Movie Review: Japan’s Oscar Contender is about an Aging Populace Considering “Plan 75”

Japan’s aging and shrinking population is the inspiration behind “Plan 75,” the debut feature of writer-director Chie Hayakawa. Expanding her short film of the same title, she imagines a Japan which a government program, “Plan 75,” incentivizes the elderly to choose euthanasia.

Do it for the convenience — as an agency will arrange everything, even “group cremations,” for the comfort of not being a burden on the young, and for a little cold hard “last splurge” cash.

In a world where a capital-obsessed conservative politician in the U.S. suggested that elderly Americans let themselves get sick and die from COVID, this is a totally credible concept. In divided and fractious America this would never happen. In culturally, racially and socially cohesive and “duty” conscious Japan, it’s not hard to imagine.

Hayakawa’s spare, quiet film doesn’t have to reach for “Soylent Green is PEOPLE!” to make us recognize capitalism’s dispassionate end game. She doesn’t need sentimental music or many poignant moments to pass on that funereal, doomed “On the Beach” vibe. She just introduces us to a group of little old ladies who have a work “family,” cleaning hotel rooms well into their ’70s, a young bureaucrat helping administer this new government program — which is straining the nation’s crematoria — and a single-mom Filipino retirement home caregiver who finds higher paying work in the employ of Plan 75.

Meeting 78 year-old Michi (Chieko Baishô), you wonder about the limits of Japan’s social safety net. She is all alone, save for her workmates, other widows and the unattached elderly who have to work to keep going, well after what used to be considered “retirement age.” When a friend and co-worker collapses in the middle of cleaning rooms at their hotel, all of the elderly employees are given little “retirement” tokens and put out to pasture.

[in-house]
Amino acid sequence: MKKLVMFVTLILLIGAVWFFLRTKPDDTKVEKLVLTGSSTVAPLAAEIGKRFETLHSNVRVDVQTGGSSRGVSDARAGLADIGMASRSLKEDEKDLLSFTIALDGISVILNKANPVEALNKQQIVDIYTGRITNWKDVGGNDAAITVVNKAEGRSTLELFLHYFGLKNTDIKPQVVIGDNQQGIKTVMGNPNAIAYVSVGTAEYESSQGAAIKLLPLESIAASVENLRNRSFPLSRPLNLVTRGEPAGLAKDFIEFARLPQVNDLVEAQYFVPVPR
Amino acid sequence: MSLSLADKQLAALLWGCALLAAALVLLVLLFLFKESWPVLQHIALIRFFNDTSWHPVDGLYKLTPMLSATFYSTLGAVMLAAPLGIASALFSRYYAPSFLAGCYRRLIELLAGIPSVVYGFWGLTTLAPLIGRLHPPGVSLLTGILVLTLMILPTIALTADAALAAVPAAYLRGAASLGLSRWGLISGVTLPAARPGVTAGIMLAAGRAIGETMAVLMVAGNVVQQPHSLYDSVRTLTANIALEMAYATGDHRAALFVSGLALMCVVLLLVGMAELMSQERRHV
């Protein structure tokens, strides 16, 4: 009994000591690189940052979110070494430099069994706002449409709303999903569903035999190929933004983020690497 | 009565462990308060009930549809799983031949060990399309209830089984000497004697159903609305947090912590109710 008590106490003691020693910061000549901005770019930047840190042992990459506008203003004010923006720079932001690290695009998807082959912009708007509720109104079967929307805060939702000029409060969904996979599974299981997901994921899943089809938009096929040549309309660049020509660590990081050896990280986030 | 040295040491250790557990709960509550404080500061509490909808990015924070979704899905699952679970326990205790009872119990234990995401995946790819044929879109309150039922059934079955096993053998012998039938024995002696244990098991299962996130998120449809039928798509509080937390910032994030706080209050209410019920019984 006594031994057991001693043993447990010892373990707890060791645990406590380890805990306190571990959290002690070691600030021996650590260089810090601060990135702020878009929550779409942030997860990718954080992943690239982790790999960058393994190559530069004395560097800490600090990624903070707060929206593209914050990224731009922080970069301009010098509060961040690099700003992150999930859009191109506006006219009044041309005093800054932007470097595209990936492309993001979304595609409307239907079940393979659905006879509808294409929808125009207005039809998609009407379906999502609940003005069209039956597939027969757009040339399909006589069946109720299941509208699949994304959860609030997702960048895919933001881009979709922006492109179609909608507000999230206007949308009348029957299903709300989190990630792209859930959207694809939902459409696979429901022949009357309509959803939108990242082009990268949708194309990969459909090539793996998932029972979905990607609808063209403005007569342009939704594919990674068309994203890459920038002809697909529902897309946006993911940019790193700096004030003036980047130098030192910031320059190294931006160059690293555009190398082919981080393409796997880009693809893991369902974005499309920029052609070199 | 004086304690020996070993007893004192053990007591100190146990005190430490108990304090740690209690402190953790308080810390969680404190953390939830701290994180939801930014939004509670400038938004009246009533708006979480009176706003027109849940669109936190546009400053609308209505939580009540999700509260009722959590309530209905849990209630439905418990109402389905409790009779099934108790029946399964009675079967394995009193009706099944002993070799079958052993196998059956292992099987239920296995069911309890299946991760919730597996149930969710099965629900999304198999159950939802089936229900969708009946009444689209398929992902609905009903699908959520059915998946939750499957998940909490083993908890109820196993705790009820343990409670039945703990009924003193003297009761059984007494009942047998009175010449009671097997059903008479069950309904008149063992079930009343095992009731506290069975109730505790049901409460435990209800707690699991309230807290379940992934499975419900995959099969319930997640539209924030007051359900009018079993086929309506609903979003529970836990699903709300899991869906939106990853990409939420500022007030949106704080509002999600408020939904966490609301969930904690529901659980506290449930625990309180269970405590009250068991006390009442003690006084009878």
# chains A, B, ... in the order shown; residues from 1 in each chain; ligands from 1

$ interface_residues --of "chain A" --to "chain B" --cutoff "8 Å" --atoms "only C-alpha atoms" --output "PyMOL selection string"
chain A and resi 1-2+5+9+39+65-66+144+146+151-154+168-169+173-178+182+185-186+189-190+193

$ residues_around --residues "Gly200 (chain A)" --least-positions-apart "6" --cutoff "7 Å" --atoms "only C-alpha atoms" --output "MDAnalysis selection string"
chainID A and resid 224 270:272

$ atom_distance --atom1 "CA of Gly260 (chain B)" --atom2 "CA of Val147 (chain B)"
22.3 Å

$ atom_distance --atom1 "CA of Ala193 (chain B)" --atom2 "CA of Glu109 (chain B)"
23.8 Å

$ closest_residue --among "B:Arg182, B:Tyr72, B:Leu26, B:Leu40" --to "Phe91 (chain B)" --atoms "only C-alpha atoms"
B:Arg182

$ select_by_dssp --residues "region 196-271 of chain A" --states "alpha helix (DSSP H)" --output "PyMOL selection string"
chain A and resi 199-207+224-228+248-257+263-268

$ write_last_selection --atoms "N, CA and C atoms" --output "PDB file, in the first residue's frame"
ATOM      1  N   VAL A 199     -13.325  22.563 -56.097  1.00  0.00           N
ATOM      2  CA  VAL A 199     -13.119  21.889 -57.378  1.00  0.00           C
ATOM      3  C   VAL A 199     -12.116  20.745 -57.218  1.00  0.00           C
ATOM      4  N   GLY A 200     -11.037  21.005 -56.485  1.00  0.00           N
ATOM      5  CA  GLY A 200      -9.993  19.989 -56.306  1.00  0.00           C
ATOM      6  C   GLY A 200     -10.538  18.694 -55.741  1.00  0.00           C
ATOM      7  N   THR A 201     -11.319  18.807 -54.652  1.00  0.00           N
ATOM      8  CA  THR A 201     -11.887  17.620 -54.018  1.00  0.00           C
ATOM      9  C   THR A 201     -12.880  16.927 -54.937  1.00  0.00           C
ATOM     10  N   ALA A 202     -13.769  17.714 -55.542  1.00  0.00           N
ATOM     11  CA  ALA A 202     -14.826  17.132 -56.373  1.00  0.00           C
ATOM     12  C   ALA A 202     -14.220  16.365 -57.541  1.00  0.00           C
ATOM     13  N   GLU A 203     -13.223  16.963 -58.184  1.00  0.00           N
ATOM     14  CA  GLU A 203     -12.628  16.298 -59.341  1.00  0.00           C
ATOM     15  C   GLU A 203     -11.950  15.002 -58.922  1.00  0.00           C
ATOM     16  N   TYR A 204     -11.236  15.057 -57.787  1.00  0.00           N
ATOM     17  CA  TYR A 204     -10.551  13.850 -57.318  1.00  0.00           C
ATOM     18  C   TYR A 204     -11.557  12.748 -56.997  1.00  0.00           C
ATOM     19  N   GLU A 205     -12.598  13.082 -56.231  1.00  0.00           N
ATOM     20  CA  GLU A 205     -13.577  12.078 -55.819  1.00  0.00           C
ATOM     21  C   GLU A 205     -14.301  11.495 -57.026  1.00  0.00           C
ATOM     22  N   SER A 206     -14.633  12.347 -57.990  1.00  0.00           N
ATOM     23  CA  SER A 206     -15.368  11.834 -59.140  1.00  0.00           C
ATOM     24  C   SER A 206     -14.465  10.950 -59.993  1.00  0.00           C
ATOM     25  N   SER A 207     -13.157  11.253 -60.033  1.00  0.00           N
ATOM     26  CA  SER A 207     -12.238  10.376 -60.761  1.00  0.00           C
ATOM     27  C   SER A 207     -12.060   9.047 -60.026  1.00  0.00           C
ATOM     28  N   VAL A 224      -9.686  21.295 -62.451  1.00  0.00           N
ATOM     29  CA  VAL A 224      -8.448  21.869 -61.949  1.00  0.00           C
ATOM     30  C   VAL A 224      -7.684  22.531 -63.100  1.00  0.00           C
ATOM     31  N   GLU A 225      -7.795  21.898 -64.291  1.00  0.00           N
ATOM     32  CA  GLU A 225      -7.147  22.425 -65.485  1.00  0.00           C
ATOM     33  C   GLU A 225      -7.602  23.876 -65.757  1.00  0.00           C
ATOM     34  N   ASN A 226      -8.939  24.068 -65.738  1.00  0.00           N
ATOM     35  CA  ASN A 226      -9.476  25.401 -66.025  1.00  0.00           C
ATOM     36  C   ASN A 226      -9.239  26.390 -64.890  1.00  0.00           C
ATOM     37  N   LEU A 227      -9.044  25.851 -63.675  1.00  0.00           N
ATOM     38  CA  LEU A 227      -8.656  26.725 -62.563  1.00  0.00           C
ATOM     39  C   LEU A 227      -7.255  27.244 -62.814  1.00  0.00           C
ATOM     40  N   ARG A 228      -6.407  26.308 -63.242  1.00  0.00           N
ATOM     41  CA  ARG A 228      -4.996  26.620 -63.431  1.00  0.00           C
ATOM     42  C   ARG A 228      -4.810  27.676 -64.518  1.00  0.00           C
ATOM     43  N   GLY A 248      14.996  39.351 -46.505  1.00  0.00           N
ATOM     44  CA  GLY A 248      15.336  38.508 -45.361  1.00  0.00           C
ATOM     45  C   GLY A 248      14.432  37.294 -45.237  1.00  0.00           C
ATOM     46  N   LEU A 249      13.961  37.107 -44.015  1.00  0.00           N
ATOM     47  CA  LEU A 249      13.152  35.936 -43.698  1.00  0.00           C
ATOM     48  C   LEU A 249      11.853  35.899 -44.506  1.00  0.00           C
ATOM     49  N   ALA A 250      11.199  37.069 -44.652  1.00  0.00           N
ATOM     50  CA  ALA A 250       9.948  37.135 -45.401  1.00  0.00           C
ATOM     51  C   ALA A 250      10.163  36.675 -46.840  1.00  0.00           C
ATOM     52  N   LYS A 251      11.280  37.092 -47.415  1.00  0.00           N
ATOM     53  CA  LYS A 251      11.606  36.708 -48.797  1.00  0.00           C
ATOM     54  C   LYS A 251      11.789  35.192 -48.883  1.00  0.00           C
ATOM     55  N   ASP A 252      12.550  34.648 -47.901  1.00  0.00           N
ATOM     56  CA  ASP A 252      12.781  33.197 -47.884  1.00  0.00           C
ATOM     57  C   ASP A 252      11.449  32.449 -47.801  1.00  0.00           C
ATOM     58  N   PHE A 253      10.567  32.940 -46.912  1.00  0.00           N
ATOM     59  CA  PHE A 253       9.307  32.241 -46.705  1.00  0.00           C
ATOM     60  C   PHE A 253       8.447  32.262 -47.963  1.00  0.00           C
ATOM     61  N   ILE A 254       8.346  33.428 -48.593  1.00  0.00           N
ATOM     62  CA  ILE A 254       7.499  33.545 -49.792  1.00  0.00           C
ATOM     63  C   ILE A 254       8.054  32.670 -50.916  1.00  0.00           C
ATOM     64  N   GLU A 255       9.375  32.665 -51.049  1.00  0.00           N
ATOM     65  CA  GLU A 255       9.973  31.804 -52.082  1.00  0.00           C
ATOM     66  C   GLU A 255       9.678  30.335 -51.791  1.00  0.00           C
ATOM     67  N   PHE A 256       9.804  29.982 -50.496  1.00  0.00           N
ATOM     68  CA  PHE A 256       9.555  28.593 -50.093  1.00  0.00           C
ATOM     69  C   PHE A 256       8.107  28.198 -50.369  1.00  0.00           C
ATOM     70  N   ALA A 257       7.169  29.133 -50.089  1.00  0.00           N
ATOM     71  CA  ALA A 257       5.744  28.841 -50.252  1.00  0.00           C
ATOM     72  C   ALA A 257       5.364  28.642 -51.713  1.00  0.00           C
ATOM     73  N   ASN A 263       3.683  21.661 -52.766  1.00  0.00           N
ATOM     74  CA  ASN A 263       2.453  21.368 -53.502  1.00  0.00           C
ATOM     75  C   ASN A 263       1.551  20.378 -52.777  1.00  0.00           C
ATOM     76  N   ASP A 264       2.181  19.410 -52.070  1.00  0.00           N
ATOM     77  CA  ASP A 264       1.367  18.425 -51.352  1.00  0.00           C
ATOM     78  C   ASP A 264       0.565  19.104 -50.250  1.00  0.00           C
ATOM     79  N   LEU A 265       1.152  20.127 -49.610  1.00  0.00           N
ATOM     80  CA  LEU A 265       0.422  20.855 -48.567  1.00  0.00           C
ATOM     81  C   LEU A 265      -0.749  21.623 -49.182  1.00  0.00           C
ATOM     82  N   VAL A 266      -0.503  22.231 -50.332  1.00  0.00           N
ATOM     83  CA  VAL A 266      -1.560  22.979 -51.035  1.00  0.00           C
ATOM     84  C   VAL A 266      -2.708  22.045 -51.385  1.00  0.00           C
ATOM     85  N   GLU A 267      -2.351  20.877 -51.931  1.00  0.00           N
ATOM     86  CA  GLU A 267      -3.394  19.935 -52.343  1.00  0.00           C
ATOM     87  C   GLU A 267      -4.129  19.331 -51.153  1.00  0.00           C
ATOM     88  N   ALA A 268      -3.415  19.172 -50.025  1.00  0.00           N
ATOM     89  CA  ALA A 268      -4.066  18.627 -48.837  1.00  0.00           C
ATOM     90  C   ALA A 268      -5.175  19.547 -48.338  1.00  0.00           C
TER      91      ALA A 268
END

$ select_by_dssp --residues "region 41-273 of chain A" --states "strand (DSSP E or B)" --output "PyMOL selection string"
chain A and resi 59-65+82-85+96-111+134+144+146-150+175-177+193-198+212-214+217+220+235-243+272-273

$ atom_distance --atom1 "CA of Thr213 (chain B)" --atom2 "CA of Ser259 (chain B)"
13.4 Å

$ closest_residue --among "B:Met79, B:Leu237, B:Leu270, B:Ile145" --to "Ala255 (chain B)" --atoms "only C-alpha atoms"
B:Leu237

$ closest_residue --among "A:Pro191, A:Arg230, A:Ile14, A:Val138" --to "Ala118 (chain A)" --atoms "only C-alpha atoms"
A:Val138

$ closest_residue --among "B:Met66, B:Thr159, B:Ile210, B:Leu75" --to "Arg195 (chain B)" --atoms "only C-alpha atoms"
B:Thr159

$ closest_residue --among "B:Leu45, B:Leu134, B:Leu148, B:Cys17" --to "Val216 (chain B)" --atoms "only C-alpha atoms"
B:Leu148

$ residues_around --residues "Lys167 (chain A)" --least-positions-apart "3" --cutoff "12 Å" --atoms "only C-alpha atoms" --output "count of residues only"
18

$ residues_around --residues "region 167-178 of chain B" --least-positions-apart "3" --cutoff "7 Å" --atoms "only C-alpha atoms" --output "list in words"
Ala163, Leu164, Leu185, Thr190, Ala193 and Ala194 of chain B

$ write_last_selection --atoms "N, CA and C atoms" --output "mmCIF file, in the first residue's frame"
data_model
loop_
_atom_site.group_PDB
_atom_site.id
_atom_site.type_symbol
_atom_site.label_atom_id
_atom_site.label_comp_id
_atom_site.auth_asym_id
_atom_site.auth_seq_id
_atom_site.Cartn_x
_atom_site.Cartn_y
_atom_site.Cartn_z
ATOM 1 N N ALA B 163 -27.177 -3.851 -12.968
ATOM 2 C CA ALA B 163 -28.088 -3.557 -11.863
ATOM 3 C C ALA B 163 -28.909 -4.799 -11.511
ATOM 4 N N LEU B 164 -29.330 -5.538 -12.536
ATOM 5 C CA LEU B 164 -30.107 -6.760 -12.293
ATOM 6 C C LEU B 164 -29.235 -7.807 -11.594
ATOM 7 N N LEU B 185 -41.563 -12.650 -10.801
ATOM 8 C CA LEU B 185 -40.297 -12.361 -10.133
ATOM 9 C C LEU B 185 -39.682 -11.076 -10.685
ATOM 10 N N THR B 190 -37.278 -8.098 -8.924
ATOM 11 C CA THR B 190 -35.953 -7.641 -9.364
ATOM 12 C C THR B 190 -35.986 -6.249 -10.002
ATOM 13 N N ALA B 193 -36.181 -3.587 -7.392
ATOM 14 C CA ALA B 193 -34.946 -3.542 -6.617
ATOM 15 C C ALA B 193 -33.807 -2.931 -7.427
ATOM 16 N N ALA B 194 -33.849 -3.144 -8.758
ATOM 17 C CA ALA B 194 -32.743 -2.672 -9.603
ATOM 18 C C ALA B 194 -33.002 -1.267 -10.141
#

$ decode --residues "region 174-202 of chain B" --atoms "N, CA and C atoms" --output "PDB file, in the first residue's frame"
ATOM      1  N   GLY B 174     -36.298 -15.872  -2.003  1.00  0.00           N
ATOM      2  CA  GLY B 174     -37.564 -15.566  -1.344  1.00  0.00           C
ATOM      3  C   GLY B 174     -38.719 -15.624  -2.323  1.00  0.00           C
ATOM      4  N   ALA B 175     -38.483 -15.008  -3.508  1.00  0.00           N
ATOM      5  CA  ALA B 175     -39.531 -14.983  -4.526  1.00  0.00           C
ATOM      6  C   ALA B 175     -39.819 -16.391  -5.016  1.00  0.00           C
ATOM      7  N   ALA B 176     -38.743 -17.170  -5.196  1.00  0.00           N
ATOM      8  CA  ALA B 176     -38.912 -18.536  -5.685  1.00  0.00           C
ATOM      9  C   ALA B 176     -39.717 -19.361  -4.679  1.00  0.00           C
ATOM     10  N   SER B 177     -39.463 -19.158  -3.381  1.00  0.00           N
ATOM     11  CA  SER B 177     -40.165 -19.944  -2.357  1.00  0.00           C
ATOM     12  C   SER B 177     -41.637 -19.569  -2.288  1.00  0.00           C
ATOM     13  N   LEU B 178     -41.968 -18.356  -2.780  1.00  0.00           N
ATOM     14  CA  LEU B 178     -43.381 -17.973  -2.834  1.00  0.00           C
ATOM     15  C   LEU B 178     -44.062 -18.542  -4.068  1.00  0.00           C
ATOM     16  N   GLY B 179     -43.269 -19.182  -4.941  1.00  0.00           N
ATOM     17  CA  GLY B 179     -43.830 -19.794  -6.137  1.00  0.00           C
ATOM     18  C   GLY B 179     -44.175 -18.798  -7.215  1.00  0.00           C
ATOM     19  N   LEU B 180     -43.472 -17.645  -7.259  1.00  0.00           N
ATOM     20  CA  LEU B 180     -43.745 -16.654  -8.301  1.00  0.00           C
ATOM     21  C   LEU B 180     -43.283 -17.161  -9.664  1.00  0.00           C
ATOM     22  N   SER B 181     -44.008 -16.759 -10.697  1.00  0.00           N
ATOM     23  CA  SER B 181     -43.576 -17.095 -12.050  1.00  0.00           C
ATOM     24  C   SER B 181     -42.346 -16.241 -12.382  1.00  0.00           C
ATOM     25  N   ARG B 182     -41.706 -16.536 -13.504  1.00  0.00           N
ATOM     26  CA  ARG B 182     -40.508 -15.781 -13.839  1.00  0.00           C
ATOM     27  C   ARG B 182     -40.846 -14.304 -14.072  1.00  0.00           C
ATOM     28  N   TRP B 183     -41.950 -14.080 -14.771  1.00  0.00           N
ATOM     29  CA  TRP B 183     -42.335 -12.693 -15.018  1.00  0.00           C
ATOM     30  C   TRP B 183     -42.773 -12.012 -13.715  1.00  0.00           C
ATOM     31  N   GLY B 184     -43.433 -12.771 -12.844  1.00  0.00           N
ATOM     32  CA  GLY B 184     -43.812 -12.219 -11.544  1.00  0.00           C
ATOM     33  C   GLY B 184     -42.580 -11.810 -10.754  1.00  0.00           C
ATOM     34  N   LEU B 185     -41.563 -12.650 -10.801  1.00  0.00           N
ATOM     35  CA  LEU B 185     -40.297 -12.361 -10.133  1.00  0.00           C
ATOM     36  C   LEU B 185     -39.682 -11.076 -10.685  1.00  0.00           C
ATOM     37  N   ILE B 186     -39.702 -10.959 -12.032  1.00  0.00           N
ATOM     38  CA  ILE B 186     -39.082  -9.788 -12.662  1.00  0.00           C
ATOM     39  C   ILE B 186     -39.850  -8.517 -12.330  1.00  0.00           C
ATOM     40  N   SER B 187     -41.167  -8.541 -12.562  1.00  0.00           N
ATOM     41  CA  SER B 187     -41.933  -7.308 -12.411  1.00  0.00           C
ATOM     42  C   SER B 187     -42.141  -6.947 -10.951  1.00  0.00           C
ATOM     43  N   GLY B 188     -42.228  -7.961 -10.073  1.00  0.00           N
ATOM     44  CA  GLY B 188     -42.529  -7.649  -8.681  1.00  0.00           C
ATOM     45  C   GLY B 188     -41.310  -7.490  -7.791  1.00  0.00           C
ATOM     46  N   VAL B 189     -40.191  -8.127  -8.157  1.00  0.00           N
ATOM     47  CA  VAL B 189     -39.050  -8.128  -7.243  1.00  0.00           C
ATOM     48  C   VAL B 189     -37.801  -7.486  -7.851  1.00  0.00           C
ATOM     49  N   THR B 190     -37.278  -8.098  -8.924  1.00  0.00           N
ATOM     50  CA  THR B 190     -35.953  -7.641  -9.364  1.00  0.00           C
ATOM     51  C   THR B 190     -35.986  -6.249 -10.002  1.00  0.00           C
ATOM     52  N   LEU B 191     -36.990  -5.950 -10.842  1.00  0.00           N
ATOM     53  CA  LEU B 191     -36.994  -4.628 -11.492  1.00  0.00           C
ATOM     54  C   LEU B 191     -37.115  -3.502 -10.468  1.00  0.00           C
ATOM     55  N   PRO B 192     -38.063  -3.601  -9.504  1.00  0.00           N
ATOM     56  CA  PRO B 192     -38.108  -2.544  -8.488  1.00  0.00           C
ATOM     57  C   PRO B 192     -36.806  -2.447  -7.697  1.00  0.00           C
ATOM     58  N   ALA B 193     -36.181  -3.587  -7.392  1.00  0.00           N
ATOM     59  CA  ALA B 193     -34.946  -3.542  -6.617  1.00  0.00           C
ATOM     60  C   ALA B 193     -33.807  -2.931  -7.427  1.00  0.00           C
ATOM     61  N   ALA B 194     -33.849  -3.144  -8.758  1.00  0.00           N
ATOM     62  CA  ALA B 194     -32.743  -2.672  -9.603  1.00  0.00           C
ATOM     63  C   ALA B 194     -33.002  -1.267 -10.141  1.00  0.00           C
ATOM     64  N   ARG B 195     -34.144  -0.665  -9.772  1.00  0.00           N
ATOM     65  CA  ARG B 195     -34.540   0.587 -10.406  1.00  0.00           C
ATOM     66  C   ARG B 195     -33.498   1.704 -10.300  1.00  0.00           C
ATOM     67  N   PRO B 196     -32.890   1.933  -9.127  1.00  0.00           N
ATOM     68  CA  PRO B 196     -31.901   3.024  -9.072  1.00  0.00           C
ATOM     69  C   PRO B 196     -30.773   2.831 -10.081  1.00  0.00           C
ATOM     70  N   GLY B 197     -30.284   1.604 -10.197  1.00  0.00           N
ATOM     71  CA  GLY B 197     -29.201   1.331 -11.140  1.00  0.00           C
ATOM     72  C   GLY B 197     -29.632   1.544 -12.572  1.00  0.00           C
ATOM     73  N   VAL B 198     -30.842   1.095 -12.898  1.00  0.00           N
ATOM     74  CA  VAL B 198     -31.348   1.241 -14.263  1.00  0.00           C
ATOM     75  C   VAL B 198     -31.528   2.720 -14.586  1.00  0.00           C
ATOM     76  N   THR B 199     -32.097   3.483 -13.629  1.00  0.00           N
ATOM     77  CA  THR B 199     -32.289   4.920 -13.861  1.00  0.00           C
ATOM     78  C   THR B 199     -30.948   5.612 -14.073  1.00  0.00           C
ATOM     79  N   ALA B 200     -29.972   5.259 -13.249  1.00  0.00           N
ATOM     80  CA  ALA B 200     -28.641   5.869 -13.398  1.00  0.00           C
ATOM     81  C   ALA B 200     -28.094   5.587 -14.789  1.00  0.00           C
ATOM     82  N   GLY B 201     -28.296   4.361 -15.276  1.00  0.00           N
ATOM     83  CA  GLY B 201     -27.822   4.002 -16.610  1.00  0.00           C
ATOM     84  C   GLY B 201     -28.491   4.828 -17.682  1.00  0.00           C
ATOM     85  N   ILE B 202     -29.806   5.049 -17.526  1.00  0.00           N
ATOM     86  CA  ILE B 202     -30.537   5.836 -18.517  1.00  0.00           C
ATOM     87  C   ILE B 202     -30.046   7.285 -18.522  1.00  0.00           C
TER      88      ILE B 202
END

A notice on her apartment building bulletin board is the first she learns that the place is scheduled for demolition. No protests, no government stopgap to protect anyone. She’s hunting for an affordable apartment, and a job to pay for it — at 78.

A rental agent tells her he’s found one place that will “take elders” — for “two years rent, up front” (in Japanese with English subtitles). Mich’s’s starting to rethink a friend’s question from when Plan 75 was first announced.

“You ready to kick off?”

Hiromu (Hayato Isomura) is one of those faceless functionaries answering potential clients’ questions, assuring everyone who calls or comes in to sign up that “you can back out at any time,” but also stressing the convenience of knowing your final “arrangements” and expense are covered. Then a long-estranged uncle, a loner, comes in to sign up. Hiromu follows him home, notes that he is still working — picking up trash — and wonders where “death with dignity” figures into any of this.

Maria (Stefanie Ariane) is one of those foreign workers who has to make up the gap in employees in an aging, dying-off populace. She has a nursing home job, which doesn’t pay enough to help her sick five-year-old. But she has a church and that church not only takes up a collection for her, a lady there gives her an inside tip on “a government job.” Maria will be helping the elderly die.

Hayakawa opens her film with a montage of “facts” and faux news interview coverage — accounts of hate crimes against the elderly, and a young person telling an interviewer, “Surely the elderly don’t want to be a blight on our lives.”

Then she shows us what Kurosawa hinted at in “Ikiru,” what Bergman showed us in “Wild Strawberries” and what any number of films about aging and the elderly underscore.